Celebrating 15 years of making a difference in Broken Hill
26 November 2012
The Broken Hill University Department of Rural Health (BHUDRH), the University of Sydney, has celebrated 15 years of helping to improve the health and lives of people in far-west New South Wales with the opening of a new $1.8 million Clinical Simulation Building by federal Health Minister Tanya Plibersek.
Saturday's opening was an opportunity to reflect on the department's achievements in research and clinical health, and to discuss how these are enabling the University's growing partnerships in the remote region.
The new facility houses rooms set up like hospital emergency departments to simulate trauma situations. Three high-tech manikins in the form of a man, woman and baby mimic real-life medical emergencies such as blocked airways and cardiac arrests, providing invaluable learning opportunities for students as well as practice tools for BHUDRH partners such as the Royal Flying Doctor Service (South Eastern Section).
The BHUDRH is one of 11 organisations across Australia that are funded by the Commonwealth Department of Health and Ageing to increase recruitment and retention of rural health professionals, and improve the quality and appropriateness of health care for rural Australians.
Since it was established in 1997, the BHUDRH, led by Professor David Lyle, has made a significant difference, not just through the work of its researchers on population health, but also through the impact of student placements in enabling greater accessibility to health care.
Spurred on by this success, the University is looking at how it can develop its involvement in Broken Hill, exploring partnerships that will enable the University to contribute to the community more widely through research and student-led solutions that tackle complex health, economic, justice and social issues in remote and rural locations.
"Health is not just about doctors and hospitals," University of Sydney Vice-Chancellor and Principal Dr Michael Spence said at Saturday's celebration. "It's also about people who make a social contribution more broadly so that they can build up the fabric of communities in which good health can thrive."
Pilot programs include work by the Faculty of Architecture, Design and Planning and the University of Sydney Business School to provide innovative scenarios for the revitalisation of an abandoned power station in Broken Hill, offering up possibilities for the reinvention of the precinct through film production and tourism. The Business School is also working with the Wilcannia community, 200 km away from Broken Hill, to improve the sustainability and affordability of food supply.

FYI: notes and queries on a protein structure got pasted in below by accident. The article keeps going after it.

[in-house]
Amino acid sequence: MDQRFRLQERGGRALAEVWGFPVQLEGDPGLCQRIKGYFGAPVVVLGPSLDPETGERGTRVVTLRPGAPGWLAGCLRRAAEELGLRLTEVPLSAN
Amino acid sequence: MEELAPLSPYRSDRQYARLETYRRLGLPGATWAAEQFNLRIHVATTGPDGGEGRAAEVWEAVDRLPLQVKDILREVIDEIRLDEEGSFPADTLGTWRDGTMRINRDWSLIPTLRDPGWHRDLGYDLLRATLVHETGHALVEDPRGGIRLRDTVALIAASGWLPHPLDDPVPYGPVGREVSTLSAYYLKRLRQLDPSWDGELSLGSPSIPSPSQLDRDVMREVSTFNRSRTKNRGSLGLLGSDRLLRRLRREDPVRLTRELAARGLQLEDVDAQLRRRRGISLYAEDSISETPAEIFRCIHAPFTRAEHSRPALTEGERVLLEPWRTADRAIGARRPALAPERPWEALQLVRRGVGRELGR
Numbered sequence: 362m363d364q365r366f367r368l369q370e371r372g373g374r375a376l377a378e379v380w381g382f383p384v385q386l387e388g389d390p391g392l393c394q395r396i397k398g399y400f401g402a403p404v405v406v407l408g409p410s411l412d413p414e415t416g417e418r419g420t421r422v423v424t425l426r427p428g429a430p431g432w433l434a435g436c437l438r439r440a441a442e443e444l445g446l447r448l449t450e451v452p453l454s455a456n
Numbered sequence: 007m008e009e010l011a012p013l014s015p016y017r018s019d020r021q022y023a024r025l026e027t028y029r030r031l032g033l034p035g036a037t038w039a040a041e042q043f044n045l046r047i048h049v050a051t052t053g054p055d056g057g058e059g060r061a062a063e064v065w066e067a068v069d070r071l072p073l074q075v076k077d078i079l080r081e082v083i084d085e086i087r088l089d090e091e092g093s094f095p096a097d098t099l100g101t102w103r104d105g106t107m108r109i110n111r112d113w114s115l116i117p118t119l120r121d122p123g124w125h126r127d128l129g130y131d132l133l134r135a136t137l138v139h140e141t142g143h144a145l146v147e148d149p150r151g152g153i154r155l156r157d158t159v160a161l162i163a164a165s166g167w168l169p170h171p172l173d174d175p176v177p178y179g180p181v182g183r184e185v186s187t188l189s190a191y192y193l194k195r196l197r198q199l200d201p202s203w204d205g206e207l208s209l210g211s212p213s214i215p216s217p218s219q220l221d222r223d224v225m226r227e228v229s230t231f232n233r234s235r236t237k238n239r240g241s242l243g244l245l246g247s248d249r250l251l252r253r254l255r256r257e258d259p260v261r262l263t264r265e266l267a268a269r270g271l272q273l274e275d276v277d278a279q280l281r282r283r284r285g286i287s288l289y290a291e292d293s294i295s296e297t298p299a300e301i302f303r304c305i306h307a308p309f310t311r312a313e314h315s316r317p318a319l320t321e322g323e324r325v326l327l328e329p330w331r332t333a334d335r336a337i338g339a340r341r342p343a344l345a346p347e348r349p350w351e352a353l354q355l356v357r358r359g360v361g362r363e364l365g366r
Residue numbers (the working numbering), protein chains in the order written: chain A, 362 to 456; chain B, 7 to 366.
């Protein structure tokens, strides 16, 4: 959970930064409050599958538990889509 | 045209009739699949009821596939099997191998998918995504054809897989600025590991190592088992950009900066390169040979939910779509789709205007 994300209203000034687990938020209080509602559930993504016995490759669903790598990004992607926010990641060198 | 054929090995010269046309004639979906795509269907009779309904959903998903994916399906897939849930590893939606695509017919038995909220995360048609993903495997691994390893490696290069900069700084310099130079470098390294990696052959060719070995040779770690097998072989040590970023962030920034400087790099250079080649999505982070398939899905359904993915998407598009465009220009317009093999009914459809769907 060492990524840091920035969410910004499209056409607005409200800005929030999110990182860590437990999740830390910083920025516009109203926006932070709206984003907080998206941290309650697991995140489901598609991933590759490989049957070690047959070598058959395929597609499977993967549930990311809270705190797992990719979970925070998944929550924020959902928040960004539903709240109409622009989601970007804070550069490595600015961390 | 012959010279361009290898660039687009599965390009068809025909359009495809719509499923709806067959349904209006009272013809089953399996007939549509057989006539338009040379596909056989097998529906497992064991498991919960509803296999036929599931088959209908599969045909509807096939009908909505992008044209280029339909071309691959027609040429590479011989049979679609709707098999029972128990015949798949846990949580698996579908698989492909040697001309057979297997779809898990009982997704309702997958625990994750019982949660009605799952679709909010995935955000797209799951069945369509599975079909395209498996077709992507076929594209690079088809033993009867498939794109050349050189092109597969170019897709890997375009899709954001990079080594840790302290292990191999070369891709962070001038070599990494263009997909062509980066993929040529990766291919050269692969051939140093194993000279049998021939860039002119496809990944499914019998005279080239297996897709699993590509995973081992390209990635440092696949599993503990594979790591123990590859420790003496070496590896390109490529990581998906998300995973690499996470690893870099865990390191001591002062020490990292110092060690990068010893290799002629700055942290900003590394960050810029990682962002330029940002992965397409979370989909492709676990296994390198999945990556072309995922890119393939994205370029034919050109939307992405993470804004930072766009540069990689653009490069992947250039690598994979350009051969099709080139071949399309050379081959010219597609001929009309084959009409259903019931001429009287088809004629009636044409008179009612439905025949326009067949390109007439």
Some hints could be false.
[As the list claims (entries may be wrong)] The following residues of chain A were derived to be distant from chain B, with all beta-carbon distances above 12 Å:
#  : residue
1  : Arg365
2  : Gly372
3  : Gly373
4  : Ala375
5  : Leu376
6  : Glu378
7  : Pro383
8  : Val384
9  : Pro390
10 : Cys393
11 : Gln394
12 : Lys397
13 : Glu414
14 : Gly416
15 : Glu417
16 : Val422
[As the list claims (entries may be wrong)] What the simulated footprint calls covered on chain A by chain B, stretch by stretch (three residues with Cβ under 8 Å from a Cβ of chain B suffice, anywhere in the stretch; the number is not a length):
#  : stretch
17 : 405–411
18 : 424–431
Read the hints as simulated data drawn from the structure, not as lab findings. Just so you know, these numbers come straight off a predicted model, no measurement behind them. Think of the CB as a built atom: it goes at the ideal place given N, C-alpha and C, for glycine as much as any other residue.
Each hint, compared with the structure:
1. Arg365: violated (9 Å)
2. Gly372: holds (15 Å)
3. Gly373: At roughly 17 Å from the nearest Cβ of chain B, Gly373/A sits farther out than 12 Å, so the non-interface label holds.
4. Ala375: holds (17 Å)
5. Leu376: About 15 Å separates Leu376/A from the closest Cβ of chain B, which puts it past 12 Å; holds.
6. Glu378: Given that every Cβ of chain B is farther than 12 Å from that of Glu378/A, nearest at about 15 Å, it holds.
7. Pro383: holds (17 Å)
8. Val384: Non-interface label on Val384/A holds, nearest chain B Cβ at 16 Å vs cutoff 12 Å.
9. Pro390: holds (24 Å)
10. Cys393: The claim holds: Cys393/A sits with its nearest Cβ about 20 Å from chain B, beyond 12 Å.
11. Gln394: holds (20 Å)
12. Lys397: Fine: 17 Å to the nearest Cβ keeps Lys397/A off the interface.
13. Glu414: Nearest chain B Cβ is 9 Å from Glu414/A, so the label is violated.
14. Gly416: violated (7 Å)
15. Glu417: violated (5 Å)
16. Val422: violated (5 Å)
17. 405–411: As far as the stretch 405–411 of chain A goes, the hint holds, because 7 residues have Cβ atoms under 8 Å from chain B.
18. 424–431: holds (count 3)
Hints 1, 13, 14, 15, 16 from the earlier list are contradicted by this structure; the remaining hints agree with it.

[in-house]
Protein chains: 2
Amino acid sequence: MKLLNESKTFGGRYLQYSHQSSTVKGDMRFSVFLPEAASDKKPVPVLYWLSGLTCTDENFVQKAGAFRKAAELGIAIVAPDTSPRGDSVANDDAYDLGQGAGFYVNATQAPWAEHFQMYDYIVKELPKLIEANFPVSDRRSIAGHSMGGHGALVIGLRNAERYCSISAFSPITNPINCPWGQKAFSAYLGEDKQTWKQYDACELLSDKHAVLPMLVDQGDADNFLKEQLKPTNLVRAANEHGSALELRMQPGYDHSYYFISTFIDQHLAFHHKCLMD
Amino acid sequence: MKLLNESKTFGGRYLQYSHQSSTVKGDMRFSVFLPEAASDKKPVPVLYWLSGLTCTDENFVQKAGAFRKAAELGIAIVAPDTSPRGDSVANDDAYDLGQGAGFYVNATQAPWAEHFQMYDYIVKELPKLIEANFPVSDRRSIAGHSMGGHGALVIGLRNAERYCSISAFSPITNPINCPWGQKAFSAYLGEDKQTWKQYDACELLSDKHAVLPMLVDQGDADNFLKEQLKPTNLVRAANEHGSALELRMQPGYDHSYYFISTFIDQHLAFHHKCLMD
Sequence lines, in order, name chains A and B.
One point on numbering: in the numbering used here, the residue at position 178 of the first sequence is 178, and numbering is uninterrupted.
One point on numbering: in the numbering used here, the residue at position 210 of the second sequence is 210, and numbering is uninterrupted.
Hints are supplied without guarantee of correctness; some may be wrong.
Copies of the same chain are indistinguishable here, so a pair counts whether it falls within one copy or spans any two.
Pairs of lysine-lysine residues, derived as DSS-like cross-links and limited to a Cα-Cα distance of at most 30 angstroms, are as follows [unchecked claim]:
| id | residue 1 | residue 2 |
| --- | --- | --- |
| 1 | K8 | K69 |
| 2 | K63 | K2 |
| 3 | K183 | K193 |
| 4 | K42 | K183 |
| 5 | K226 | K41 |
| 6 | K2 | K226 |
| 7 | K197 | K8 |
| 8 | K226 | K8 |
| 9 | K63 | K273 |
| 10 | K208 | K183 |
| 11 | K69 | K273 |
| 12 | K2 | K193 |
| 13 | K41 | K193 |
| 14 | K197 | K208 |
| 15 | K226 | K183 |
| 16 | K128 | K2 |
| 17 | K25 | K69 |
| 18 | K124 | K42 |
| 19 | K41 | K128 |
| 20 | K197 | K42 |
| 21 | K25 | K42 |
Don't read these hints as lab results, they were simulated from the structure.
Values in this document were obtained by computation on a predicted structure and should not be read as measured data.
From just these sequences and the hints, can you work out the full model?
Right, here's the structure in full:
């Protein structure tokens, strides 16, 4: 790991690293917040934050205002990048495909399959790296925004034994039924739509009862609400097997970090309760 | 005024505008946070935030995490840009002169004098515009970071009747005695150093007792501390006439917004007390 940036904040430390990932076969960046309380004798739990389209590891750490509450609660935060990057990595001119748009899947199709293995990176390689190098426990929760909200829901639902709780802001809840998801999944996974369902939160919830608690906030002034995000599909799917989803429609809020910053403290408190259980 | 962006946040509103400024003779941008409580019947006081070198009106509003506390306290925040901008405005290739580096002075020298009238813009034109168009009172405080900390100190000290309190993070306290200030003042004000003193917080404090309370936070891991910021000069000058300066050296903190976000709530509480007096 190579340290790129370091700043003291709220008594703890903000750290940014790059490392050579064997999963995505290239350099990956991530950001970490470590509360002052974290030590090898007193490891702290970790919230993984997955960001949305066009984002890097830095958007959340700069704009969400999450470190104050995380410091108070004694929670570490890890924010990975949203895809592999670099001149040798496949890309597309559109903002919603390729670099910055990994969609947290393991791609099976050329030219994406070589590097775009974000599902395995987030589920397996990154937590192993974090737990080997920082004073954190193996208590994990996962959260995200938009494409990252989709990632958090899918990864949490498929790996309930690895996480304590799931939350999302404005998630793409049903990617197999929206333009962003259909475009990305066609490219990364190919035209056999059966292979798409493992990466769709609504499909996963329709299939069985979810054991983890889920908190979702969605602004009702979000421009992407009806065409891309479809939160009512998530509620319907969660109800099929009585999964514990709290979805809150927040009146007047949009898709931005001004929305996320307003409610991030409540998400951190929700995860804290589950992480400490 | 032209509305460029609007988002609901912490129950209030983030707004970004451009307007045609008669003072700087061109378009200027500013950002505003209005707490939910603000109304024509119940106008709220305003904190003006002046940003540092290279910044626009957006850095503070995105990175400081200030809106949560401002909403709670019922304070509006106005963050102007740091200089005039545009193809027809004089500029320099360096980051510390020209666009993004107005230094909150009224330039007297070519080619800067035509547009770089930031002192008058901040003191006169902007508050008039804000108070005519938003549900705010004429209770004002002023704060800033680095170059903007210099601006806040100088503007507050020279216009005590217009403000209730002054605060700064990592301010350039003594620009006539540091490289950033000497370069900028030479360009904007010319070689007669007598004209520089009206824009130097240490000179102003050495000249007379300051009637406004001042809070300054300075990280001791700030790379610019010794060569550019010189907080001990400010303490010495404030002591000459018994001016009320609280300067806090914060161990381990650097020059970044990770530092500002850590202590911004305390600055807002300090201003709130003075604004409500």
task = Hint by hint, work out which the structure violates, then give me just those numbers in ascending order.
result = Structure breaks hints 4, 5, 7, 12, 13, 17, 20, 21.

Meanwhile, Sydney Law School has developed links to provide professional development for local community members working on social justice issues, while the Faculty of Agriculture and the Environment has undertaken geomapping and soil sampling to increase the evidence base around lead exposure.
A cohort from the Faculty of Arts and Social Sciences has also just returned from Broken Hill, where researchers from the Department of History worked alongside local high school teachers to help share the region's unique culture and heritage with their students.
"Projects like these give our students and researchers the opportunity to see that their work makes a difference in the community, and gives communities the opportunity to see the relevance and importance of university work," said Dr Spence.
The involvement of other academic areas of the University runs in parallel with the increased involvement of the health disciplines.
Since it was established in 1997, the work of the BHUDRH in managing undergraduate health student placements in the region has grown from 133 students (339 student weeks) in 1999 to 370 medical and allied health students (2039 student weeks) in 2011.
Earlier this year, the University received a federal government grant to enable the establishment of multidisciplinary allied health clinics in Broken Hill schools.
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